On this CD, which has great liner notes, they have broadened their sound by adding to the Cuban percussion some West African drums. For me, a latin music fan, the result of a very exotic sound with echoes of Cuban music styles such as Guajira and Son. There are plenty of guitar solos here with a lot of changes in the rhythm, so the album never feels repetitive. They look for inspiration equally in Senegal's musical heritage as well as calypso music, salsa, and even Carlos Santana.
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6 of 7 people found the following review helpful By andrew l'amour on June 22, 2008
Format: Audio CD
once again the orchestra baobab has done it. ever since i stumbled across their first release and then the pirates choice i have been hooked on this festive sound. when i saw this in the store there was absolutely no hesitation but to grab it and run to buy it so i could get home and play it. do i know any the players or what they play? no. do i know any of the words? no. does it matter that much? no. this is music that you put on and you just enjoy for whatever it is that they do and what they do is make wonderful music. would i recommend it to any and all? well the five stars should speak for itself. the guitar work, the percussion, the horns all combine into a very moving beat that pulls you willingly along. the vocals are very expressive and it all works extremely well this time too just as the other cds have. you will not regret buying this.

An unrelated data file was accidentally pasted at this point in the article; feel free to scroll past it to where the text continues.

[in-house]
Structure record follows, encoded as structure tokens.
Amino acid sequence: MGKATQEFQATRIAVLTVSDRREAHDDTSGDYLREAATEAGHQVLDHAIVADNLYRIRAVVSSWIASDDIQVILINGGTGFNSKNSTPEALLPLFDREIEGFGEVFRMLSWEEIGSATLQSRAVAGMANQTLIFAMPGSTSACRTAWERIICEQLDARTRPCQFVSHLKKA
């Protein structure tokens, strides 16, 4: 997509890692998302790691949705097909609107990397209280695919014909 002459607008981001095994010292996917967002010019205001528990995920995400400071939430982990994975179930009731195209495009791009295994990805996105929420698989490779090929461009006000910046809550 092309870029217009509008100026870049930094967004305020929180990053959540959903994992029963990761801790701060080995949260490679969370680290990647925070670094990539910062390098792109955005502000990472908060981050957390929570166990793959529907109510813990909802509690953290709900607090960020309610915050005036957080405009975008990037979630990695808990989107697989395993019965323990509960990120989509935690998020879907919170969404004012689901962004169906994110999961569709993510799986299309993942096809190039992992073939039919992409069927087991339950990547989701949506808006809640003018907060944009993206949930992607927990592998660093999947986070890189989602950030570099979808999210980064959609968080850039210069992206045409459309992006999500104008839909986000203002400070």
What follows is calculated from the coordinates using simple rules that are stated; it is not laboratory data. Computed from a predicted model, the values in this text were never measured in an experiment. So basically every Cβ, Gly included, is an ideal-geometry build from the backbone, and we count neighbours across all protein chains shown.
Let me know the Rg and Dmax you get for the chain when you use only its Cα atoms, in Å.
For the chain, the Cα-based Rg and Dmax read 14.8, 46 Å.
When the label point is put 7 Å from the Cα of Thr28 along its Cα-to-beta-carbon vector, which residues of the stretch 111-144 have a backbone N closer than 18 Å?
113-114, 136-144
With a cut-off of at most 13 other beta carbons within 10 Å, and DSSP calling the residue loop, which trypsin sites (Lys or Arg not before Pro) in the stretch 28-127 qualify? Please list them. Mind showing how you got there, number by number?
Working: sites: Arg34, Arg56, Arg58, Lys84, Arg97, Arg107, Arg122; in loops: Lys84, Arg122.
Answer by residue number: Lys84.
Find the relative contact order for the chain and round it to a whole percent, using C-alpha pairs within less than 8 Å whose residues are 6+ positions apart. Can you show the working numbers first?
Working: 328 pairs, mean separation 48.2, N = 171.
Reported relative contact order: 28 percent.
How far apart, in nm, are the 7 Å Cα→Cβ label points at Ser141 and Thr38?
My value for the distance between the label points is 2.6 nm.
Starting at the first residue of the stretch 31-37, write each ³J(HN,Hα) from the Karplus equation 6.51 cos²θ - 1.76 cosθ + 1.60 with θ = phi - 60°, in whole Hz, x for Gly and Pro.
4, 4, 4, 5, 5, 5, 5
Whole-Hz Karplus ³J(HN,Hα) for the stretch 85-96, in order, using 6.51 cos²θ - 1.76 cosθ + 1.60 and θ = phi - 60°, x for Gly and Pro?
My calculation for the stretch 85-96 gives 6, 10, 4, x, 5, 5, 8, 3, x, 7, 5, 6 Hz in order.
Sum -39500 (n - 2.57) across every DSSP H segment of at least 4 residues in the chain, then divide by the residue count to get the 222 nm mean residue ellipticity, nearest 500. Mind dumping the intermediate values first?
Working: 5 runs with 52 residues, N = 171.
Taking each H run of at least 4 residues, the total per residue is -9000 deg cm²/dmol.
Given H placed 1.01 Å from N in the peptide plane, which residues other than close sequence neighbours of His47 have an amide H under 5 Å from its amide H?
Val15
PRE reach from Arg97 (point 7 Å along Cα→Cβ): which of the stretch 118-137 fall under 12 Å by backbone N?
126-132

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3 of 3 people found the following review helpful By Big A on September 25, 2009
Format: Audio CD
I am an ardent fan of the orchestra's music and I hate to rain on the parade of five star reviews here, but this is nowhere as good as their previous studio release, Specialist in All Styles, or their earlier work - just too even all around, not gutsy enough. In fact I hardly ever play it though I play all their other stuff quite often.
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2 of 2 people found the following review helpful By Victoria Thomas on July 26, 2008
Format: Audio CD Verified Purchase
This is such a rich taste of the densely textured, sophisticated structure of African music -- in this case Afro Cuban. The key elements really stand out -- the polyrhythmic (many shifting percussive patterns at once)
and falsetto passages. These elements are so present in the motown and pop music of the 60s. i keep thinking of the original Frankie Lymon recording of Why Do Fools Fall in Love, where he breaks into that angelic falsetto over the booming, chanting anchor of the bassline, which is SO classically African.

These are rico suave , smooth , jazzy nightclub sounds from the ends of the earth -- the last bit of land of west Africa, ie Senegal, Cabo Verde and out into the vast Atlantic. Chilling in a historical context.